Not a bad idea, considering that the Koch brothers network is driving much of the Republican party at this point, and certainly their money is driving much of the election.
A top economic official in the White House on Tuesday expressed confidence that the next Congress can pass corporate tax reform.
… Obama has proposed lowering the corporate statutory rate from 35 percent to the high-20s while eliminating many deductions. Camp also proposed to lower the rate, but down to the mid-20s.
Camp has proposed shielding most of the profits corporations make offshore from U.S. taxation, while Obama has called for a minimum tax on global earnings.
Why is it that any time you hear the word “reform” coming out of Washington, it always ends badly for about 99 percent of us? They talk about entitlement “reform” – meaning cutting Social Security and Medicare. They talk about regulation “reform” – meaning our food and workplaces are going to be less safe. They talk about spending “reform” – meaning doing less of the things that make We the People’s lives better. (They never “reform” the military budget. It is more than double what it was when ‘W’ Bush took office. Because we have to defend against the Soviet Union.)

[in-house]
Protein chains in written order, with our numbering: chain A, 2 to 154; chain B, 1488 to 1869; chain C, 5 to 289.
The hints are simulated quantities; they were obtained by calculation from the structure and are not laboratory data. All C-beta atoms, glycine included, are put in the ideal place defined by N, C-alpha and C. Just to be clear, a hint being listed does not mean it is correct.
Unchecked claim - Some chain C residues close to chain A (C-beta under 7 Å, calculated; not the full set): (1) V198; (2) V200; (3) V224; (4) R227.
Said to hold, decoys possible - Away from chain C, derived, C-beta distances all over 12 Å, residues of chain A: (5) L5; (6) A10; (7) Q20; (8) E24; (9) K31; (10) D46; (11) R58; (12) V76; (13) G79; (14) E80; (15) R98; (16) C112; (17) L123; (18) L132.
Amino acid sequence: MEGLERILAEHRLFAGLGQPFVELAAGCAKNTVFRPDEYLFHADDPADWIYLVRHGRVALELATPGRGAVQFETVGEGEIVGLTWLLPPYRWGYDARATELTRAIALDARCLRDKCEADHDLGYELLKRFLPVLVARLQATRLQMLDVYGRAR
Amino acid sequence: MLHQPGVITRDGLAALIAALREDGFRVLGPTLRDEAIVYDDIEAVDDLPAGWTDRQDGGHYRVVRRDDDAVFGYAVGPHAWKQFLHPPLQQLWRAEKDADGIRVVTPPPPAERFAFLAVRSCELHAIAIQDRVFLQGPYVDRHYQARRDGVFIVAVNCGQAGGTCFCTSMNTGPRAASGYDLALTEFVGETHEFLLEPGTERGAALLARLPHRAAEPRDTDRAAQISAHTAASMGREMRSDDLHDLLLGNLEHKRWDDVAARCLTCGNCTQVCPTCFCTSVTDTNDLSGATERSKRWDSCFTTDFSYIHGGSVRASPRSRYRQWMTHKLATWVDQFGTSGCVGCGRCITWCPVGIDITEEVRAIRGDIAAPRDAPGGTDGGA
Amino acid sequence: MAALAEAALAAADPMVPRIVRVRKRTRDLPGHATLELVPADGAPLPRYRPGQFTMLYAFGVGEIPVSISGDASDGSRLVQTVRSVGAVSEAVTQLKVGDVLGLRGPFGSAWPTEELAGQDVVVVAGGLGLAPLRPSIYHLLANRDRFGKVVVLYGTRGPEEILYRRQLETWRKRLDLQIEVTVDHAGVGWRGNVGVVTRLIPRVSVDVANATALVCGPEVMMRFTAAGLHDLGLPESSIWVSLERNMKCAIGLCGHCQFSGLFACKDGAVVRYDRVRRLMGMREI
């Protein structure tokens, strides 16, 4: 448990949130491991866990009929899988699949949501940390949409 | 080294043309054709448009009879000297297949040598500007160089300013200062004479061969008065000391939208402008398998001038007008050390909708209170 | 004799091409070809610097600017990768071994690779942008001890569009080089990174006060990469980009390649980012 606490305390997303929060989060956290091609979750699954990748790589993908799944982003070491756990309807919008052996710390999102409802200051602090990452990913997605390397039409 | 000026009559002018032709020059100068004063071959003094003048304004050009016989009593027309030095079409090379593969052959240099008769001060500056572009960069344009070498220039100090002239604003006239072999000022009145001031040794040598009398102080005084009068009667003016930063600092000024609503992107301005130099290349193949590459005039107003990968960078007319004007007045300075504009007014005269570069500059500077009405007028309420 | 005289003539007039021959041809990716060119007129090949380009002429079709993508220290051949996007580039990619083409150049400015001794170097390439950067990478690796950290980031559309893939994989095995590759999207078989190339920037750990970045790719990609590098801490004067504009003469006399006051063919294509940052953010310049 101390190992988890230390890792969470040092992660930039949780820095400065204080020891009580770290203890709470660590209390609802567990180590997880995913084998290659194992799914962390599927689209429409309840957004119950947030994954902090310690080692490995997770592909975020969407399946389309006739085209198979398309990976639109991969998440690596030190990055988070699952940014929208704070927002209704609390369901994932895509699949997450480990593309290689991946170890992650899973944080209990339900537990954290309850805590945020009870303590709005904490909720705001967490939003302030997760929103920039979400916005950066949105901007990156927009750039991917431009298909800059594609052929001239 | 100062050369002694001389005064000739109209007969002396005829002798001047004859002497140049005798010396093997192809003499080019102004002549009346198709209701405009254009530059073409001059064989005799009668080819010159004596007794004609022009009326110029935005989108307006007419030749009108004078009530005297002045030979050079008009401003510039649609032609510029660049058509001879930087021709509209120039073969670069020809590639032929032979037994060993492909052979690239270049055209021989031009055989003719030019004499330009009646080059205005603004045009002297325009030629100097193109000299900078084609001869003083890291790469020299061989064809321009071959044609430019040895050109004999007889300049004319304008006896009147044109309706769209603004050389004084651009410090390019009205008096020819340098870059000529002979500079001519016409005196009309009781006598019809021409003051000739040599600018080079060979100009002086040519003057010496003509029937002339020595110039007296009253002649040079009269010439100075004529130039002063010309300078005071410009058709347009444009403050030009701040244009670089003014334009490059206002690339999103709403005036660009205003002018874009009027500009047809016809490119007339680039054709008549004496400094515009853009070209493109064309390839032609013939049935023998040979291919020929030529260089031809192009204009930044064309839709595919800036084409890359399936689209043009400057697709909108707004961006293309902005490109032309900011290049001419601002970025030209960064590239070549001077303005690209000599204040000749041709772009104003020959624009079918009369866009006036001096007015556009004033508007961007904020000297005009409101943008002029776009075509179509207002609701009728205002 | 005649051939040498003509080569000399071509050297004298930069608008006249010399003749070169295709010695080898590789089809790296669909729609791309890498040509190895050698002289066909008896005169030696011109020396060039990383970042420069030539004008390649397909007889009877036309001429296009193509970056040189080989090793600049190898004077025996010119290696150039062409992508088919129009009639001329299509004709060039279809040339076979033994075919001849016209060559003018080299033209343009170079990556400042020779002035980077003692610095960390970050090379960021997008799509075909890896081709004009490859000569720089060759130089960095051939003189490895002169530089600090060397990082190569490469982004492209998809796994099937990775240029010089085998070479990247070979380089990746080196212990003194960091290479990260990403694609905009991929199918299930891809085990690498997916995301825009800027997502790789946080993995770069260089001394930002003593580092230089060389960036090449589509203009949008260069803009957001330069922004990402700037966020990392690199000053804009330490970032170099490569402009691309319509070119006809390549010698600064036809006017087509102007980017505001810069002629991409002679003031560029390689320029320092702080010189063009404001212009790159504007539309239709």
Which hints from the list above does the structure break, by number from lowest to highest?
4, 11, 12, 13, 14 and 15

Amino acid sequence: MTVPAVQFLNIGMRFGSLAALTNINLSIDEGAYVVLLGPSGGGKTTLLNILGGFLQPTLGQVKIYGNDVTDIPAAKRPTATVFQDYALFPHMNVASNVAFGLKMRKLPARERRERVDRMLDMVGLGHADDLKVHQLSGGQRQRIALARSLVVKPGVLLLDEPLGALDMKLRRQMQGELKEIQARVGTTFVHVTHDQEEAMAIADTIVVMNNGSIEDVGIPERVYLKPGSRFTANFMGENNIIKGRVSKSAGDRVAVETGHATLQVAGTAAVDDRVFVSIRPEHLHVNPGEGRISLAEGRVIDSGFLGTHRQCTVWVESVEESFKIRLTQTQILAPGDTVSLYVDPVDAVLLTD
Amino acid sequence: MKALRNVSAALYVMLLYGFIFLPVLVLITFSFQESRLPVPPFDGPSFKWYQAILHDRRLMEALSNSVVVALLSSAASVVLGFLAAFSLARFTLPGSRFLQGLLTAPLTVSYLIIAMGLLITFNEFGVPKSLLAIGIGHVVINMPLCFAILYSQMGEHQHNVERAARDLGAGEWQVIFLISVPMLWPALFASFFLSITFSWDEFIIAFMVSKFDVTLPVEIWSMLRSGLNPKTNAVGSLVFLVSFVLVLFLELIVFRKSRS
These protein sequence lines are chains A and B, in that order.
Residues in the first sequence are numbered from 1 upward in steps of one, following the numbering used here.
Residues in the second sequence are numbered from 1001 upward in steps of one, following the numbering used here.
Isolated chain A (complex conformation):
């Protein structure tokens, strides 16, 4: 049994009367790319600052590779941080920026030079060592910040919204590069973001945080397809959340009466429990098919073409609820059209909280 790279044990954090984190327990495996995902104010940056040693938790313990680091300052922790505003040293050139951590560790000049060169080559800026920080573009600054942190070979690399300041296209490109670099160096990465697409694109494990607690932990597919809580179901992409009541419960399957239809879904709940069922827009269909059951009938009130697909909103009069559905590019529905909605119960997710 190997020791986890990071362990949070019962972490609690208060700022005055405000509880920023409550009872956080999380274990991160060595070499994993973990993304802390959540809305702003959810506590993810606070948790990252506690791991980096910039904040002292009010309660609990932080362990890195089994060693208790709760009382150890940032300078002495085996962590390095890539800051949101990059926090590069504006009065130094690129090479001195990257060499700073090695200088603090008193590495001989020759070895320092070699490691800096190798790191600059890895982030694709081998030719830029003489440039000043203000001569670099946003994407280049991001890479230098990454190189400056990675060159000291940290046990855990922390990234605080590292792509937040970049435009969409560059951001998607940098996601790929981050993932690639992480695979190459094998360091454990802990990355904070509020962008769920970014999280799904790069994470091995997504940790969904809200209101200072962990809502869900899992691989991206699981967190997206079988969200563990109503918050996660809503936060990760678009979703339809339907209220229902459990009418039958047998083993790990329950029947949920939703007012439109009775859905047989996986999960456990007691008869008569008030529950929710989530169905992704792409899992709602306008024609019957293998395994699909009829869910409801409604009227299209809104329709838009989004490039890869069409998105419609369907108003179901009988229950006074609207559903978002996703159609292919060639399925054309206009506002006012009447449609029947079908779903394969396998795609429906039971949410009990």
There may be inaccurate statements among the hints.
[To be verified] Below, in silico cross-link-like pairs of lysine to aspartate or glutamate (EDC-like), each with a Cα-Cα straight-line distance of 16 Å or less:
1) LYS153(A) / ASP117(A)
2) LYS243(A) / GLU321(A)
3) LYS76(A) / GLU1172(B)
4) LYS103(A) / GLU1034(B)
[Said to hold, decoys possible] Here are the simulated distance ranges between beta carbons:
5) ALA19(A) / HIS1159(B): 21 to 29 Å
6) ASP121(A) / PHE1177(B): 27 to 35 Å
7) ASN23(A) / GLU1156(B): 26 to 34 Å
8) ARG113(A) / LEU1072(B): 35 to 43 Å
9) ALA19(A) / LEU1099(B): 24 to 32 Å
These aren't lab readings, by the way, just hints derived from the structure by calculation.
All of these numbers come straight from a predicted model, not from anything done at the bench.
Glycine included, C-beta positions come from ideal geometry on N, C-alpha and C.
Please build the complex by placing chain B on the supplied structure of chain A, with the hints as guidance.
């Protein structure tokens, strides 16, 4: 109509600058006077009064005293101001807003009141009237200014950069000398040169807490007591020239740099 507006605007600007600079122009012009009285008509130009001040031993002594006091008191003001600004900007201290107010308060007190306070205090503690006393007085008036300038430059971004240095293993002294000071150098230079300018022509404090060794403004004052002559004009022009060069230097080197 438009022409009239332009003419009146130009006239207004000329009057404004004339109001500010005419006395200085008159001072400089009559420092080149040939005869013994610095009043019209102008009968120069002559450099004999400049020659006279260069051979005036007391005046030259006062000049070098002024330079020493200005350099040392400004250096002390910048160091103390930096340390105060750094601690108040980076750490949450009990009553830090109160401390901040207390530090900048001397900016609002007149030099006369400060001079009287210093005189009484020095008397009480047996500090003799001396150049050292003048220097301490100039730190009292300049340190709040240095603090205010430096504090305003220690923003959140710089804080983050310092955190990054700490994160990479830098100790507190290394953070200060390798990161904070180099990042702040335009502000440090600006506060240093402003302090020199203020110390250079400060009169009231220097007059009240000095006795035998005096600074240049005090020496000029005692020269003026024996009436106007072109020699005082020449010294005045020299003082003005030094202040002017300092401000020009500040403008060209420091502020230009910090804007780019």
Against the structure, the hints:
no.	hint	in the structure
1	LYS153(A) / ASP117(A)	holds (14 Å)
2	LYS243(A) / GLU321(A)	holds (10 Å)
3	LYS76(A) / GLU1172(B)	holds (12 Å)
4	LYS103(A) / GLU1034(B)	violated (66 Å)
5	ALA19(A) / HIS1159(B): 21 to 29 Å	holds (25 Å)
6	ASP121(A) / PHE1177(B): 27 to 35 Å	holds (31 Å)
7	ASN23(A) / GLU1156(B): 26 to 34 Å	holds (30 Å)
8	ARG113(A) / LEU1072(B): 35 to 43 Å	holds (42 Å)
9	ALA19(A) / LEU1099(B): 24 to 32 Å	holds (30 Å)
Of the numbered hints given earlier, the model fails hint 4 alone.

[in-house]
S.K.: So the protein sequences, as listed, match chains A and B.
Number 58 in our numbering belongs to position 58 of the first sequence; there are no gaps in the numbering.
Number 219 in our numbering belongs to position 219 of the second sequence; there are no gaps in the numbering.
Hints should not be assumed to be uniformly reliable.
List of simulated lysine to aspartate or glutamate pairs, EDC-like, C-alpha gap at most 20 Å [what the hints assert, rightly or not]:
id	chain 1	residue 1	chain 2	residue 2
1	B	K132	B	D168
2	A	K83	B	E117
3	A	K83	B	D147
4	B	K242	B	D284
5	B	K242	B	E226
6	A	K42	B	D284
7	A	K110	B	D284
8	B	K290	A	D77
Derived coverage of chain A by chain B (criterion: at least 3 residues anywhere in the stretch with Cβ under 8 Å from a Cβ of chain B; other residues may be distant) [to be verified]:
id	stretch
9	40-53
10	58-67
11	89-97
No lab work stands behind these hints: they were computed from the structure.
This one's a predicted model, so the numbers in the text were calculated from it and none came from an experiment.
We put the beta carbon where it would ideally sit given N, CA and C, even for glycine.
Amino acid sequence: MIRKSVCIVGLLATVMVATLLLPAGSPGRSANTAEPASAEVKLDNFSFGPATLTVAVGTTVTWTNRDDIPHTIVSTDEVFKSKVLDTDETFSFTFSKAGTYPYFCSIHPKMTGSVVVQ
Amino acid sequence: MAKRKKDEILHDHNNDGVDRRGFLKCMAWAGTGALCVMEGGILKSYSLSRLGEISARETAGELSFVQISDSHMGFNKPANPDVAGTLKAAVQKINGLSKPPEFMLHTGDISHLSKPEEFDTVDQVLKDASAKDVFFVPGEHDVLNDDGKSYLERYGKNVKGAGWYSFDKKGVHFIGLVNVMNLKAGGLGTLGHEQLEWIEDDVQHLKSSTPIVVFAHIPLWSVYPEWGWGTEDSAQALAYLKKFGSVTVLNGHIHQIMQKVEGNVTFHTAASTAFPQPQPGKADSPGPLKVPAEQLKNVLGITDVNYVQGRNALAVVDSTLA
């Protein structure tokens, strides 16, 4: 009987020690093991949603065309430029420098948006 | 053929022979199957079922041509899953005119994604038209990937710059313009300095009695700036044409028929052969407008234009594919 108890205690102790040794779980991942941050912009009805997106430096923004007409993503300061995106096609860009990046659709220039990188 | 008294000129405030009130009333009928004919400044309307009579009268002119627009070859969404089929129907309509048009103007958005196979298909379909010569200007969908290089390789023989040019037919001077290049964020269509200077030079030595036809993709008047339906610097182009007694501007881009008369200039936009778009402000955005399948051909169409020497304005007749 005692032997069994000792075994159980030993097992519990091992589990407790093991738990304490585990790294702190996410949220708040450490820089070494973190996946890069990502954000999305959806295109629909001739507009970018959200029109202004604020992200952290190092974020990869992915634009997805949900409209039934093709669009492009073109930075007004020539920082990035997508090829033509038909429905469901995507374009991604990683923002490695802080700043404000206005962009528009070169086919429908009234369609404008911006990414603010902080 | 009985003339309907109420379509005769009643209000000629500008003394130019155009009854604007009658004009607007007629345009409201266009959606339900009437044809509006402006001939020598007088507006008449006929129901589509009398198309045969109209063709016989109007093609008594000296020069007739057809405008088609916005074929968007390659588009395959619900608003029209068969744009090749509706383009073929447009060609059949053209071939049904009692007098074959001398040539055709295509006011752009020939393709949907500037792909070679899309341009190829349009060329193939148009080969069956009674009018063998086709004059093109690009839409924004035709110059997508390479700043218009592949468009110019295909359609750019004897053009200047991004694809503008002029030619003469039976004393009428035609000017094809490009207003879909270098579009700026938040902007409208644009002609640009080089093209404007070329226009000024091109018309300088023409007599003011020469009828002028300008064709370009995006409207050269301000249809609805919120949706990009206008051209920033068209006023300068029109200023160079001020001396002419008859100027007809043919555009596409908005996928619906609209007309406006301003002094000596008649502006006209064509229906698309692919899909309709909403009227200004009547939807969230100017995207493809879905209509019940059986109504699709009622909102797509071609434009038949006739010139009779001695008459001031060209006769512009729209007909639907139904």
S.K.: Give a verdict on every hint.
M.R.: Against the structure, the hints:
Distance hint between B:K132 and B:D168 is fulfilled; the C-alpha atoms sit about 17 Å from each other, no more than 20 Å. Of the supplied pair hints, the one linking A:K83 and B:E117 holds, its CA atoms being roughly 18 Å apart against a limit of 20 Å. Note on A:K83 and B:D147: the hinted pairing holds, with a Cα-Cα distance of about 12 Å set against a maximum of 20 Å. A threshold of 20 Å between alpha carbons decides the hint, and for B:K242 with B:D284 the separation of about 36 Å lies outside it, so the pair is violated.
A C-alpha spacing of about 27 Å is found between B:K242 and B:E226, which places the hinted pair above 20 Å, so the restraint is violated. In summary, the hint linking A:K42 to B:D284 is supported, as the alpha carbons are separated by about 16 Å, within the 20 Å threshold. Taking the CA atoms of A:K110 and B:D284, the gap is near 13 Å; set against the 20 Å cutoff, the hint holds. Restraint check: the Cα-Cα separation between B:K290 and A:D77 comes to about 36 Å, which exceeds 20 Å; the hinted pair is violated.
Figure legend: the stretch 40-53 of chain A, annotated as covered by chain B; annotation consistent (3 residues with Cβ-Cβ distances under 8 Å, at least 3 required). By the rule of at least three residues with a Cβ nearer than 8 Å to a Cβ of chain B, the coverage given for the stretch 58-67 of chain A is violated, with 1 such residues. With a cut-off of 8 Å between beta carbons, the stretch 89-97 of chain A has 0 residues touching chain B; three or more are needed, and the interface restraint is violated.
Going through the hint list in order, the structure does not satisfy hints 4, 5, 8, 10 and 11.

“Reform” is lobbyist-speak for opening up the floodgates, hanging the flags out, lighting the savings accounts on fire, letting dozens of blackbirds fly out of the pie, letting the horses out of the barn and generally fleecing the citizenry.
Dr. Tom Frieden, Director of the Centers for Disease Control, speaking on the newshour:
“We have two things in this country that they don’t have and they need in West Africa. One is good infection control in health care facilities so it doesn’t spread there. And the second is good, core, tried and true public health, find contacts, trace them, monitor them, if they’re sick isolate them. If you do those two things you can stop ebole.”
Exactly. We have that, they don’t. So why are people getting on airplanes there, in a country that does not have the ability to stop the spread of this disease?
Frieden says if flights are stopped more people will want to leave. I don’t get that. Imagine what happens when someone gets off a plane in … pick your poor country with poor infection control.
One thing he says — to keep safe we have to help stop the outbreak there. Of course.
You may have heard that there is an oil and gas “boom” happening in the US. You might not know that there is a ban on exporting our own oil. This ban is good for the country but bad for oil companies. And the oil industry is attempting an end run around Congress to do something about it.
There is an ongoing “boom” in oil and natural gas production. Production of natural gas is way up. Imports are down about half since 2007. Texas oil production alone has more than doubled since 2011. This increase in domestic oil production has various consequences. We use much of our rail capacity transporting oil to refineries. The increase in natural gas production is pushing coal use down, and lowering carbon emissions as we fight for a transition away from using fossil fuel at all.